A spokesman for Saint John’s Health Center in Santa Monica, California, said that America’s favorite grumpy old man, Walter Matthau, entered the emergency room during the night and died a few hours later, reported Reuters.
While cause of death was not immediately known, the star had been in poor health in recent years.
In April of this year, he was hospitalized for a hairline fracture in his vertebra. In 1999, pneumonia struck. And in 1995, he was hospitalized for the removal of a nonmalignant tumor.
According to the Associated Press, Matthau had suffered complications throughout his life including a heart attack in 1965 and a quadruple coronary bypass operation in 1975.
However, even with such illnesses, Matthau never lost his sense of humor.
He attributed his various illnesses to his eating habits: “If you eat only celery and lettuce, you won’t get sick.…I like celery and lettuce, but I like it with pickles, relish, corned beef, potatoes, peas. And I like Eskimo Pies, vanilla ice cream with chocolate covering,” said AP.
As for his enduring appeal, Matthau was once asked how he wanted to remembered after his death. “What a lot of people say when they see me now, Mr. Matthau, thank you very much for your work. You’ve given a lot of pleasure to a lot of people.”
It is not surprising then that fans were gathering by late morning on Saturday to place flowers on Matthau's star on the Hollywood Walk of Fame, fondly remembering the actor for his portrayals of usually rumpled, cantankerous characters.
Matthau, who lived in the Pacific Palisades area of Los Angeles, had two children, Jennie and David, by his first wife, Grace Geraldine Johnson, and a son, Charlie, by his second wife, former actress Carol Marcus, whom he wed in 1959.
Born in 1920 as Walter Matasschanskayasky, Matthau grew up in poverty New York City's Lower East Side. He got his first taste of theater at age 11, while selling snacks for a small Yiddish theater company in his neighborhood.
His mother, a Jewish garment worker who immigrated from Lithuania, raised him alone after his father left them.
He left the city to serve with the US military in World War II, but returned to begin his acting career on Broadway.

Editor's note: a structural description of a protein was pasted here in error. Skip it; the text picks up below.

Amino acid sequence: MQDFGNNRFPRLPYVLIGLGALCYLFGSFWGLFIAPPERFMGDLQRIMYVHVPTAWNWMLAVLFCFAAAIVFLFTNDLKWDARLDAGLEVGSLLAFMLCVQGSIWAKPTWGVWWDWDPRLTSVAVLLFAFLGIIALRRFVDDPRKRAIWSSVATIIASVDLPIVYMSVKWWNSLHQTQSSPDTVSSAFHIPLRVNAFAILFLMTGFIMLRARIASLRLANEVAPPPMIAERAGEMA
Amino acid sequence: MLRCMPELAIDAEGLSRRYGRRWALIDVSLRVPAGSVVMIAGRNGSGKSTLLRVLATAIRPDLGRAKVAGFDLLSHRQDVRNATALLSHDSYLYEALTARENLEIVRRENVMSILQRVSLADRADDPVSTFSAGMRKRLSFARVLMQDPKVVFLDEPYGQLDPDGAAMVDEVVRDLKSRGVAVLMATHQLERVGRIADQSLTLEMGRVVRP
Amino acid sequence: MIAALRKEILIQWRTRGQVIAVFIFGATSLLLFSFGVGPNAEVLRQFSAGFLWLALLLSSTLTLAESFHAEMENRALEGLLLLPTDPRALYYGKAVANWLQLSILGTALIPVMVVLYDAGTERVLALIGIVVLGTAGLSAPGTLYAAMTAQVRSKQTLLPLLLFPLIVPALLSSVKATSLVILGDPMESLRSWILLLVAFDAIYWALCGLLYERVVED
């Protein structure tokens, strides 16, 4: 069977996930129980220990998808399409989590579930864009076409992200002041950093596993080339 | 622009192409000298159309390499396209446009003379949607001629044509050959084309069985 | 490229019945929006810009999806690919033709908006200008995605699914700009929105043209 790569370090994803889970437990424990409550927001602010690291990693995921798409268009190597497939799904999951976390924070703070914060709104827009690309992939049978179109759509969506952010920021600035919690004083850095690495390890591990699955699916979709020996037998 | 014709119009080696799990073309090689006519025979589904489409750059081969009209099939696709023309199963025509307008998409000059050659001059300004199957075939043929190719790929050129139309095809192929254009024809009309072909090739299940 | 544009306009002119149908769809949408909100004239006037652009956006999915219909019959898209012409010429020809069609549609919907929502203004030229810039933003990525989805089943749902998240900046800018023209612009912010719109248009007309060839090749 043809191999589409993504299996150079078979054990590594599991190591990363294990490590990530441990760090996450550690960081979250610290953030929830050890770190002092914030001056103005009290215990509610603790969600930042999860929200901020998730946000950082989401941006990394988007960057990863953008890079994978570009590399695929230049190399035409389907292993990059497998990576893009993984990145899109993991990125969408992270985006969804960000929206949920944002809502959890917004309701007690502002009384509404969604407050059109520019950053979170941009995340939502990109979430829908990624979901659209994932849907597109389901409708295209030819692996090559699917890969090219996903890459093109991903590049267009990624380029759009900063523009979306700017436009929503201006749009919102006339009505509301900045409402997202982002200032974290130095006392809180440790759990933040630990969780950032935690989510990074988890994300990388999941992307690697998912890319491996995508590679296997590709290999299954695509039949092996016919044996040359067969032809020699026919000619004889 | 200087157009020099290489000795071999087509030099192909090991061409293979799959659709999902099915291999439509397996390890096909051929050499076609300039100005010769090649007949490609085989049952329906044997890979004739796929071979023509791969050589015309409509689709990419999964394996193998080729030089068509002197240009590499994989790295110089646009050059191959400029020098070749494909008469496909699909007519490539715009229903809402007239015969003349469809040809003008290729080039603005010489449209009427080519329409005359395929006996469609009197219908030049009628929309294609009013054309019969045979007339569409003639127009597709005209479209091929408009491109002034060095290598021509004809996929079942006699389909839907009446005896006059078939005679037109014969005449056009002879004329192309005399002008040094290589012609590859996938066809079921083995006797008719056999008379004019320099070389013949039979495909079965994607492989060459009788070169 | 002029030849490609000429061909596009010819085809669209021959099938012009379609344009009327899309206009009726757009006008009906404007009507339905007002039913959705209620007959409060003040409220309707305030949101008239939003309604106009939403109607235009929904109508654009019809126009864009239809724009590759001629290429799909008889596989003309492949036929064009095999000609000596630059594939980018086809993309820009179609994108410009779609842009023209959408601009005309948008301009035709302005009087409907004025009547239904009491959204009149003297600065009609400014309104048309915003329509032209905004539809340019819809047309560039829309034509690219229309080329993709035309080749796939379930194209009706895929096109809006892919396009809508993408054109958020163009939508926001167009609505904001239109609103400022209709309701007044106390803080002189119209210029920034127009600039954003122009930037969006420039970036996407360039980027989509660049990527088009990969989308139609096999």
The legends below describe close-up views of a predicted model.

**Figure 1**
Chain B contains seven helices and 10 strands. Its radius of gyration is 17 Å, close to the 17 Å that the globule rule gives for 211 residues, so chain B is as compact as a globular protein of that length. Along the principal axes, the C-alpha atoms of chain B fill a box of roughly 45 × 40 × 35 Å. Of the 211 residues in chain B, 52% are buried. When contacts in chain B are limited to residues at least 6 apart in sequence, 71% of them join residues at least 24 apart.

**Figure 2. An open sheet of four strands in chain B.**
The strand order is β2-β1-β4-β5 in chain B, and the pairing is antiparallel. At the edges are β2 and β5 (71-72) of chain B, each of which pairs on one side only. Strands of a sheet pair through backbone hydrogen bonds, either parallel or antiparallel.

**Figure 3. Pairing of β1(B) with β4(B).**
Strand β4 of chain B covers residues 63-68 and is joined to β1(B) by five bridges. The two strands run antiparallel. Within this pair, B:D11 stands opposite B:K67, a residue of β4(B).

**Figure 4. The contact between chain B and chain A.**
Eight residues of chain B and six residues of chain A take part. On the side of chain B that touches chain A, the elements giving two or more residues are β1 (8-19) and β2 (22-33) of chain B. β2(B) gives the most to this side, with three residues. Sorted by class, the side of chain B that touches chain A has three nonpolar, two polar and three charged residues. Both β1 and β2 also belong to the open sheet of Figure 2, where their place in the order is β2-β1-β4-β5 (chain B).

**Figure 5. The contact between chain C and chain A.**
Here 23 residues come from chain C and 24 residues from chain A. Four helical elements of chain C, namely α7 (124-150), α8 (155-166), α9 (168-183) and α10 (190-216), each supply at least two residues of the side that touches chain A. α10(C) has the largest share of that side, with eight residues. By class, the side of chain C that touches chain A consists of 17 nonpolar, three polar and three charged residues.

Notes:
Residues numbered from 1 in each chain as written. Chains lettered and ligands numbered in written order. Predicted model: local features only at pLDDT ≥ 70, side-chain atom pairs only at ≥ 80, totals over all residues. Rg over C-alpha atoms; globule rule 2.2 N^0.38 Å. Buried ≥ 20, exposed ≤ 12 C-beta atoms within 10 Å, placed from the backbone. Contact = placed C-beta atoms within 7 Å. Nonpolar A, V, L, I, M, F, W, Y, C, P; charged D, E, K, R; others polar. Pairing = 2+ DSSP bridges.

His first big-time Broadway show came in 1948, when he played in "Anne of a Thousand Days," but it was his 1965 appearance in Neil Simon's "The Odd Couple" that launched him into stardom.
The next year, Matthau won an Oscar for best supporting actor in Billy Wilder's "The Fortune Cookie" -- a film that also created one of Hollywood's most enduring comedic teams by pairing Matthau with Jack Lemmon.
Matthau and Lemmon performed together in films for the next 30 years. The film version of "The Odd Couple" (1968) became a classic, as well as a sequel they created in 1998, "The Odd Couple II."
Lemmon and Matthau’s friendship extended from onscreen to personal; a relationship reflected by a statement released by Lemmon’s agent on the death of his friend.
“I have just lost someone I've loved as a brother, as my closest friend and a remarkable human being. We have also lost one of the best damn actors we'll ever see,'' read the statement.
The feeling was mutual.
According to ABC online, In an interview with CNN, Matthau said of Lemmon, "when we were working, we always seemed to understand what we're thinking about.''
Meanwhile, Lemmon once told CNN: "It was a very unusual relationship because right from the start it just clicked. There was nothing to it.''
Lemmon, himself considered one of Hollywood's great film comedians, said Matthau's talents were underrated, calling him a "marvelous, wonderful actor.''
Throughout his career, Matthau appeared in more than 50 films. His last appearance on the big screen was as the aging father of three sisters played by Diane Keaton, Meg Ryan and Lisa Kudrow in this year’s “Hanging Up”—Albawaba.com (Various Sources)
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